Following news that hemp could be used as a low-cost, low-carbon way of reinforcing concrete, here are 10 promising new construction materials including plastic that’s stronger than steel and 3D-printed mushroom columns.
Researchers are developing materials that perform better or that tread more lightly on the planet – and ideally do both.
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In the near future, natural materials including hemp and mycelium as well as synthetic ones such as carbon fibre and high-performance plastics could play a much bigger part in the construction process.
Here are ten innovative new materials from our archive:
German start-up Made of Air produces bioplastic from forest and farm waste that sequesters carbon and can be used to make objects including cladding.
Hexagonal panels dubbed HexChar were installed on an Audi dealership in Munich last year, marking the first time the product had been used on a building.
This newly developed type of concrete is strengthened with carbon-fibre yarn, so far less concrete is needed for a structure of the same strength.
Researchers at the Technical University of Dresden have been working with German architecture firm Henn to create the building made from this “carbon concrete”, which will be named The Cube.
Invented by Massachusetts Institute of Technology chemical engineers, 2DPA-1 is light and mouldable like all plastics, while being twice as strong as steel.
Synthesised using a new polymerisation process, it will first be used as an ultrathin coating to enhance the durability of objects, but could one day be developed into a structural reinforcement material for buildings.
There are many ways of using mycelium, which is the branching, vegetative part of a fungus, for construction.
One is Blast Studio’s 3D-printing method, which the London practice used to make a two-metre-high column that can be used as a load-bearing architectural element. It also yields a mushroom crop.
Made of one of the world’s most carbon-sequestering plants, hemp rebar is currently in development at the USA’s Rensselaer Polytechnic Institute.
It aims to be a low-cost, low-carbon alternative to standard steel rebar that also avoids the problem of corrosion, extending the lifespan of concrete structures.
Canadian company Carbicrete has developed a method for sequestering carbon in concrete, claiming its product captures more carbon than it emits.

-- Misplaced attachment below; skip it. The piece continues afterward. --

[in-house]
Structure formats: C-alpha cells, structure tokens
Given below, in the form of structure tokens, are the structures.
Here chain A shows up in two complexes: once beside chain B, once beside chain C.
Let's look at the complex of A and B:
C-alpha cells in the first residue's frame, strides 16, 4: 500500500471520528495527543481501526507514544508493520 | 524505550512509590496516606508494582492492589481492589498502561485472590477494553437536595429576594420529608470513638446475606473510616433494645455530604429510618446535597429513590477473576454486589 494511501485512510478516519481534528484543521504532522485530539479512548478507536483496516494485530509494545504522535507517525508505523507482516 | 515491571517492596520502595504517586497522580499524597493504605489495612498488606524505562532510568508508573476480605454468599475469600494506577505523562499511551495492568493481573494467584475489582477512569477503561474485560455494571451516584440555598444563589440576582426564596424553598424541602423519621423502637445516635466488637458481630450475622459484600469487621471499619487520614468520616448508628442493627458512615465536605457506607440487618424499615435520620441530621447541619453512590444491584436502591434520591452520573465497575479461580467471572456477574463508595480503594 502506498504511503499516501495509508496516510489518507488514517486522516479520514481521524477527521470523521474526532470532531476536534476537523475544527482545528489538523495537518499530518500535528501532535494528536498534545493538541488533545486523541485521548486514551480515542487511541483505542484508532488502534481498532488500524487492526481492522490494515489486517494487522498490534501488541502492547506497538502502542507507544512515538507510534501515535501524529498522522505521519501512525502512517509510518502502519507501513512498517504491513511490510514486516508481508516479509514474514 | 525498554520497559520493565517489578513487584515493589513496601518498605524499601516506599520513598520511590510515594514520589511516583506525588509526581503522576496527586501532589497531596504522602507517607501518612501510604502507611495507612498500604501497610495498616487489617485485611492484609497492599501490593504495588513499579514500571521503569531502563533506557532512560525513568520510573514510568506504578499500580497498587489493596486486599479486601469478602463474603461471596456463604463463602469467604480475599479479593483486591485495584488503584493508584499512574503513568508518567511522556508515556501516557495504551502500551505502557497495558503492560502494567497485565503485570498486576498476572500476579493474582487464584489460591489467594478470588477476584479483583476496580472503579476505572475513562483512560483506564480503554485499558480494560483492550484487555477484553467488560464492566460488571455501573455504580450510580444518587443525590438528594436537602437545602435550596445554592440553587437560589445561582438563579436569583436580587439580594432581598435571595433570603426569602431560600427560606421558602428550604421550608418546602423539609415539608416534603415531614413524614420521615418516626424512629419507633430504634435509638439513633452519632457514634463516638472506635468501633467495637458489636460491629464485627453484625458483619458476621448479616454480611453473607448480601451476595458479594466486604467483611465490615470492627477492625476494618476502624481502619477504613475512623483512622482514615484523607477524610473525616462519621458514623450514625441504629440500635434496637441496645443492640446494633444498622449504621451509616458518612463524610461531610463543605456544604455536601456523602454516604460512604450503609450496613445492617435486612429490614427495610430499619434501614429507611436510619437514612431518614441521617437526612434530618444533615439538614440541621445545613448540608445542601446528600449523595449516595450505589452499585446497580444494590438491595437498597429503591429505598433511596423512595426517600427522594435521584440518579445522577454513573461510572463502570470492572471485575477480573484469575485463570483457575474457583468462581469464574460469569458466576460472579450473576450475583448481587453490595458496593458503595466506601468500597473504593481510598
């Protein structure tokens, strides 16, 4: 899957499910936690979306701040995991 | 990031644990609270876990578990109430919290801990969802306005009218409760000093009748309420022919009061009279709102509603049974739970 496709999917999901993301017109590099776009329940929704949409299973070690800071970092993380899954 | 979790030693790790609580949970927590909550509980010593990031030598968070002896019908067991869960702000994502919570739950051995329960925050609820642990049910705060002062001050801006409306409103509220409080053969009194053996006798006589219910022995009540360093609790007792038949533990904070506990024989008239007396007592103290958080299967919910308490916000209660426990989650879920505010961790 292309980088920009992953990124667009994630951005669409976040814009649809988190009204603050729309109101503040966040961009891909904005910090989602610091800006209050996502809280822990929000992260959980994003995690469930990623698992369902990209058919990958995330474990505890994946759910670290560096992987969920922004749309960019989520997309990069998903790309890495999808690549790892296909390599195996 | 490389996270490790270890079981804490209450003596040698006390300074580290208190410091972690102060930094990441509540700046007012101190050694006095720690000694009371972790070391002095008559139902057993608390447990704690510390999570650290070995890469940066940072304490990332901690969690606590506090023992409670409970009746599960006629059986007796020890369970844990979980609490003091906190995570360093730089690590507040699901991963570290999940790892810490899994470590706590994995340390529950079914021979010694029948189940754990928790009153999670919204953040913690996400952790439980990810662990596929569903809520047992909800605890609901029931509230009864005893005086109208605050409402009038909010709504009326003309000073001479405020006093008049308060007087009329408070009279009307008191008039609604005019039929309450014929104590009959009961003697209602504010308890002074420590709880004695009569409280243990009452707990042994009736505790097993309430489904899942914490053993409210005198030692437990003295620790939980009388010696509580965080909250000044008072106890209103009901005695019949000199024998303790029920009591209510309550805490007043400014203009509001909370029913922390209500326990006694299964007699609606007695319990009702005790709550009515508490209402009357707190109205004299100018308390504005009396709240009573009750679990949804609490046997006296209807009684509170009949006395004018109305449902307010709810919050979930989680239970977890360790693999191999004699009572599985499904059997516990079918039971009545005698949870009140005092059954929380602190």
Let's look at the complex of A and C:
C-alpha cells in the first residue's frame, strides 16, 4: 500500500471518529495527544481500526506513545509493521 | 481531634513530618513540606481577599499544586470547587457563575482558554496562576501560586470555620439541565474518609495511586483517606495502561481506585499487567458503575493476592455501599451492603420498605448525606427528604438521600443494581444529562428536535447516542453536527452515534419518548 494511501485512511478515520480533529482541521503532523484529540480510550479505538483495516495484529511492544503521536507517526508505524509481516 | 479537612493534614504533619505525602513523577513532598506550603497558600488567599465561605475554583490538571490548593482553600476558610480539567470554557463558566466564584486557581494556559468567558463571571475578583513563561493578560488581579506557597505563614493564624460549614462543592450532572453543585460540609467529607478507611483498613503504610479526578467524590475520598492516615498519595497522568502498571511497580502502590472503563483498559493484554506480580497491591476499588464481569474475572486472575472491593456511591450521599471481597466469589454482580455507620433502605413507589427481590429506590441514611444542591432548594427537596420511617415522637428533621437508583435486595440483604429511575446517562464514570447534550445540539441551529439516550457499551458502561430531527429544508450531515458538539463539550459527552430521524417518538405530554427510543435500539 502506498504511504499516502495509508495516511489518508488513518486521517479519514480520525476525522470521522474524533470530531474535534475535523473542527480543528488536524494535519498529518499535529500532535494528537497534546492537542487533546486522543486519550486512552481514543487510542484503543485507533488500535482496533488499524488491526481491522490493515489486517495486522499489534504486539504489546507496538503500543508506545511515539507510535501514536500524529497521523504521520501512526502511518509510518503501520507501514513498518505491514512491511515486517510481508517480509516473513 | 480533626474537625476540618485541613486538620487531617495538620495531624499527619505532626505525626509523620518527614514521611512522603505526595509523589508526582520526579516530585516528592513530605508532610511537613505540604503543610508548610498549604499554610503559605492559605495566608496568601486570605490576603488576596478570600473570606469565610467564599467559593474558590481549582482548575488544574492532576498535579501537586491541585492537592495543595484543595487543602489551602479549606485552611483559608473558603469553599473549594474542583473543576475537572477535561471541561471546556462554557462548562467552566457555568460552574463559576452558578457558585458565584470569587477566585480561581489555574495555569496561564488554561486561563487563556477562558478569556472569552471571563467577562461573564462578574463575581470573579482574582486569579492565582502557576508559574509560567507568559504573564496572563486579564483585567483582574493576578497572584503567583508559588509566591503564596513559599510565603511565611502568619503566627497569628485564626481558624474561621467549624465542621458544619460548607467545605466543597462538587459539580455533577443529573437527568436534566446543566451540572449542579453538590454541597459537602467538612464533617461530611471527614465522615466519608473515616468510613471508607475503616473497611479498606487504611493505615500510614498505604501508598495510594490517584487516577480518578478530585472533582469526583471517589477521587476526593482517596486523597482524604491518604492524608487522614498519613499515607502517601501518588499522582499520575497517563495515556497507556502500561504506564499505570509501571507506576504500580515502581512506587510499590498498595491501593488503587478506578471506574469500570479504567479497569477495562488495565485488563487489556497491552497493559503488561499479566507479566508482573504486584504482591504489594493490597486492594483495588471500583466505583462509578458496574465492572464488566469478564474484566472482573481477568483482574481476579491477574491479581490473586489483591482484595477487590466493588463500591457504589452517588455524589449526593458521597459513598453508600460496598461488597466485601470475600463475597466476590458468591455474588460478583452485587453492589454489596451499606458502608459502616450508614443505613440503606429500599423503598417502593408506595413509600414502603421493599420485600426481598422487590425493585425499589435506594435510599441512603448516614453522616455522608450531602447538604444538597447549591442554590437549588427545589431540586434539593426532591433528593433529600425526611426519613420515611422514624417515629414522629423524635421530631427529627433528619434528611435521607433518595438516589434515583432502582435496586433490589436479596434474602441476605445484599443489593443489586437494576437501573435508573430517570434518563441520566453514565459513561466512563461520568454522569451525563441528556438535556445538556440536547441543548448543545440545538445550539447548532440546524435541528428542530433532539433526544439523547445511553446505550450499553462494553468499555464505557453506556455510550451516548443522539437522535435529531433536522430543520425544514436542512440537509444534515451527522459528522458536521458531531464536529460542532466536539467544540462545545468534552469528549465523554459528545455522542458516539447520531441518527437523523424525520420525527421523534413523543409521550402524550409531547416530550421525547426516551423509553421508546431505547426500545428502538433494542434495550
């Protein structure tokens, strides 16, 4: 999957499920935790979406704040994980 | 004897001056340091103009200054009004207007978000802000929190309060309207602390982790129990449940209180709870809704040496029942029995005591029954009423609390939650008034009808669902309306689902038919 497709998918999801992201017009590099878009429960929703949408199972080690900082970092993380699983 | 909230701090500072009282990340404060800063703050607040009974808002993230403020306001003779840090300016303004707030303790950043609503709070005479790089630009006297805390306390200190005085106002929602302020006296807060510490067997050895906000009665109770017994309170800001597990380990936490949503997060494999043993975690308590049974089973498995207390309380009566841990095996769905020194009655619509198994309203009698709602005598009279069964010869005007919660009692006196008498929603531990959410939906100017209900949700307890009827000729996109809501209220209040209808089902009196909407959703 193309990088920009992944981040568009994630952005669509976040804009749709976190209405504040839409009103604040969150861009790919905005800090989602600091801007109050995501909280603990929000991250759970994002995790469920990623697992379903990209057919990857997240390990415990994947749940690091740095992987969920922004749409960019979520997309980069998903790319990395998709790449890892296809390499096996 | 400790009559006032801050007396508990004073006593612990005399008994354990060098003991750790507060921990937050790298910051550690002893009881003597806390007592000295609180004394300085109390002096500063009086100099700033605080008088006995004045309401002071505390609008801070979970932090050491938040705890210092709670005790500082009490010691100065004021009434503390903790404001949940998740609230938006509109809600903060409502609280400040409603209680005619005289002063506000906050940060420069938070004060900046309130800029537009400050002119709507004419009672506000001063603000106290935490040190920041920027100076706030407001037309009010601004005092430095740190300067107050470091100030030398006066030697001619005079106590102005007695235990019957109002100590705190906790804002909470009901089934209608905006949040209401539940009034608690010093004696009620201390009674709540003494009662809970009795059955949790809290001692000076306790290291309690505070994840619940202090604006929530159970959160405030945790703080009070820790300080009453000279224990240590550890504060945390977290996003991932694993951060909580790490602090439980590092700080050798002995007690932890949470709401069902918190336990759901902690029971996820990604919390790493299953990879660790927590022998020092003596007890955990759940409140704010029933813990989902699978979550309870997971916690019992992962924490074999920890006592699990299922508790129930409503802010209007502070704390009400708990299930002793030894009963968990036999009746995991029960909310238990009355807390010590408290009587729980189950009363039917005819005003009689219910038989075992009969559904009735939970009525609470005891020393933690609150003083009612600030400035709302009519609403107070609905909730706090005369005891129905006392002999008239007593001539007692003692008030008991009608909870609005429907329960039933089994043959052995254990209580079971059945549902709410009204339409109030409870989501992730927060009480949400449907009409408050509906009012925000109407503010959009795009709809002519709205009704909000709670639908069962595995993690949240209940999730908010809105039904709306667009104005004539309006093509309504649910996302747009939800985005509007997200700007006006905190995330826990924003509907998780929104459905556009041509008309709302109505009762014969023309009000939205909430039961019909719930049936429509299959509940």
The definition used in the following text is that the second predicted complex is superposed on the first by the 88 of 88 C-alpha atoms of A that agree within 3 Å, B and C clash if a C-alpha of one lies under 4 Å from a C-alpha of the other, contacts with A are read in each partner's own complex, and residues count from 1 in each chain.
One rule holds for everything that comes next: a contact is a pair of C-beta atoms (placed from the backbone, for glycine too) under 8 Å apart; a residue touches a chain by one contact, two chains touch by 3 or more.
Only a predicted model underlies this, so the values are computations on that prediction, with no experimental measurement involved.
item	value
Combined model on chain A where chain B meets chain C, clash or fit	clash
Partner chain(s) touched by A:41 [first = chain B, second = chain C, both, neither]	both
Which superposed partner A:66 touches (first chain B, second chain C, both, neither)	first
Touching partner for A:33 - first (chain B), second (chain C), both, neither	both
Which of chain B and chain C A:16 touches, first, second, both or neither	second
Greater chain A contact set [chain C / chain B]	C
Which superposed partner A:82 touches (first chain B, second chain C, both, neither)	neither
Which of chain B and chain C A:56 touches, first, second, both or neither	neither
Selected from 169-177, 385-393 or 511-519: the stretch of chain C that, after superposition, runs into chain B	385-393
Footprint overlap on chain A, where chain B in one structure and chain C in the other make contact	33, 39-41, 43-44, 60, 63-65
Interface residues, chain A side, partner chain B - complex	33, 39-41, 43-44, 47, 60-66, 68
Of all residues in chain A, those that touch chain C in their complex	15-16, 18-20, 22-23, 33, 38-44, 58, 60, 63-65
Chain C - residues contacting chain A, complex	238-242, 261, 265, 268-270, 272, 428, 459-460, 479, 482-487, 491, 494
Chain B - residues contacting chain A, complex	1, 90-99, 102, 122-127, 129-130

Instead of calcium-based cement, which is highly CO2 emitting, Carbicrete relies on waste slag from the steel industry plus carbon captured from industrial plants. It has been used to make concrete masonry units and precast panels.
Invented by engineering professor Gabriela Medero at Edinburgh’s Heriot-Watt University and launched through her startup Kenoteq, the K-Briq is made of 90 per cent construction waste and is unfired.
The low-carbon alternative to regular bricks is already available to order in standard or bespoke colours.
London-based designers Rowan Minkley and Robert Nicoll created this eco-friendly alternative to single-use materials like MDF and chipboard.
Called Chip[s] Board, it is created from potato peelings and made without formaldehyde or other toxic resins, and can be used as a building material.
Engineered by researchers at the Indian School of Design and Innovation in Mumbai, these bio-bricks are made of soil, cement, charcoal and organic luffa fibres – better known as loofah, the plant commonly used for bath sponges.
The natural gaps in the loofah’s fibrous network enable the bricks to double as a home for animal and plant life, increasing the biodiversity of cities.
Honext’s construction board is made of paper that has already gone through several reuse cycles, meaning that the remaining cellulose fibres are too short to be bound together in order for it to be made into paper again.
Honext mixes together the waste cellulose fibres with water and enzymes to make the boards, which can be used for interior partitioning or cladding.
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